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The Story of the Greeks

Page: 18

The king and queen paid no heed to these words, but gladly welcomed Paris home, and lavished all kinds of gifts upon him to make up for their cruelty and long neglect.

Paris was so fond of change and adventure, that he soon grew tired of court life, and asked Priam for a ship, so that he might sail off to Greece.

This request was readily granted, and Paris went away. The young prince sailed from island to island, and came at last to the southern part of the Peloponnesus, where the descendants of Hercules had founded the city of Sparta. Here he was warmly welcomed by King Men-e-la´us; but this king was obliged to leave home shortly after the arrival of Paris, and he bade[Pg 43] Helen, his wife, the most beautiful woman in the world, do all she could to entertain the noble stranger.

Helen was so kind to Paris that he soon fell in love with her. His greatest wish was to have her as his wife: so he began to tell her that Ve´nus, the goddess of love, had promised him that he should marry the most beautiful woman in the world.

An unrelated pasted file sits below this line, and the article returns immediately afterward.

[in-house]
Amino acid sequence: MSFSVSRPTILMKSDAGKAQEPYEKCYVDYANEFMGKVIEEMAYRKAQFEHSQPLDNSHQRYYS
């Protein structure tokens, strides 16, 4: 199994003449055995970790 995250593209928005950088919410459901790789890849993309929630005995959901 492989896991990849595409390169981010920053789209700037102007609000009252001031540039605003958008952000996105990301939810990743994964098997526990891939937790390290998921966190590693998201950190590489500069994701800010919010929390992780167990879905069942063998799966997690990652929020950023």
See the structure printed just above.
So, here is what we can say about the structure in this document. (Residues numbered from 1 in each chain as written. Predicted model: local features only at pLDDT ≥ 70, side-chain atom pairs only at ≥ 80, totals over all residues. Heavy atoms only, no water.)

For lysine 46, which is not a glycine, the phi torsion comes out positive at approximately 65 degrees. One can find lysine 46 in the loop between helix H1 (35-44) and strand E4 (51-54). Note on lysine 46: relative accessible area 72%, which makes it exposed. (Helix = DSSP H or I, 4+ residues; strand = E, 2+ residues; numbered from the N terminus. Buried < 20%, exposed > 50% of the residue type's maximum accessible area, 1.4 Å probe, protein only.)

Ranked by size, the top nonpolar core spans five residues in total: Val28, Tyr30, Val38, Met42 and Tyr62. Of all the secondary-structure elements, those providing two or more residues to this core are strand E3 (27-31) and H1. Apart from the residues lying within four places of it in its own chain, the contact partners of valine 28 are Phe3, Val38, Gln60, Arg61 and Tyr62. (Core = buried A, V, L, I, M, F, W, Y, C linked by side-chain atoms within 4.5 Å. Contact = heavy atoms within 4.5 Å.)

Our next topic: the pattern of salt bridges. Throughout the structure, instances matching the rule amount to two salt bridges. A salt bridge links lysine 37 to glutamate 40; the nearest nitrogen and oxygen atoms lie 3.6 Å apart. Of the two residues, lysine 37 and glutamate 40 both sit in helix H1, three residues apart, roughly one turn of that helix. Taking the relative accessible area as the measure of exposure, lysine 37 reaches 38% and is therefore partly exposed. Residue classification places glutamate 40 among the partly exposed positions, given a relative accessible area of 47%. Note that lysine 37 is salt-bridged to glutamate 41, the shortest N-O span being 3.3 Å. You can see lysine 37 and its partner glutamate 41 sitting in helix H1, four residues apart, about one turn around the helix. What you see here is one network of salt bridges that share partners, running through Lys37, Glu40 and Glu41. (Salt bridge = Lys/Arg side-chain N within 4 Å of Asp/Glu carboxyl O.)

Talking thus day after day, the handsome young Paris finally persuaded Helen to leave her husband and home. She got on board of his vessel, and went with him to Troy as his wife. Of course, this wrongdoing could not bring happiness; and not only were they duly punished, but, as you will soon see, the crime of Paris brought suffering and death to his friends as well.

When Menelaus came home and found that his guest had run away with his wife, he was very angry, and vowed that he would not rest until he had punished Paris and won back the beautiful Helen.

He therefore made ready for war, and sent word to his friends and relatives to come and help him, telling them to meet him at Au´lis, a seaport, where they would find swift-sailing vessels to carry them across the sea to Troy.[Pg 44]


XIV. THE MUSTER OF THE TROOPS.

When the neighboring kings and chiefs received Menelaus' message, they were delighted; for fighting was their only occupation, and they enjoyed the din of battle more than anything else. They began to collect their soldiers, polish their arms, and man their vessels. Then, inviting all who wished to join them, they started out for Aulis, where they formed a huge army.

Each of the parties was led by its own king or chief. Some of these chiefs were very brave, and their names are still well known. The leading ones among them were Nes´tor, the wisest man of his day, to whom every one came for good advice; and U-lys´ses, the crafty or sly king, who was so clever that he could easily outwit all men.

There were also A´jax, the strongest man of his time; Thersander, the new king of Thebes, who came with the Epigoni; and Ag-a-mem´non, King of Mycenæ, Menelaus' brother, who was chosen chief of the whole army.


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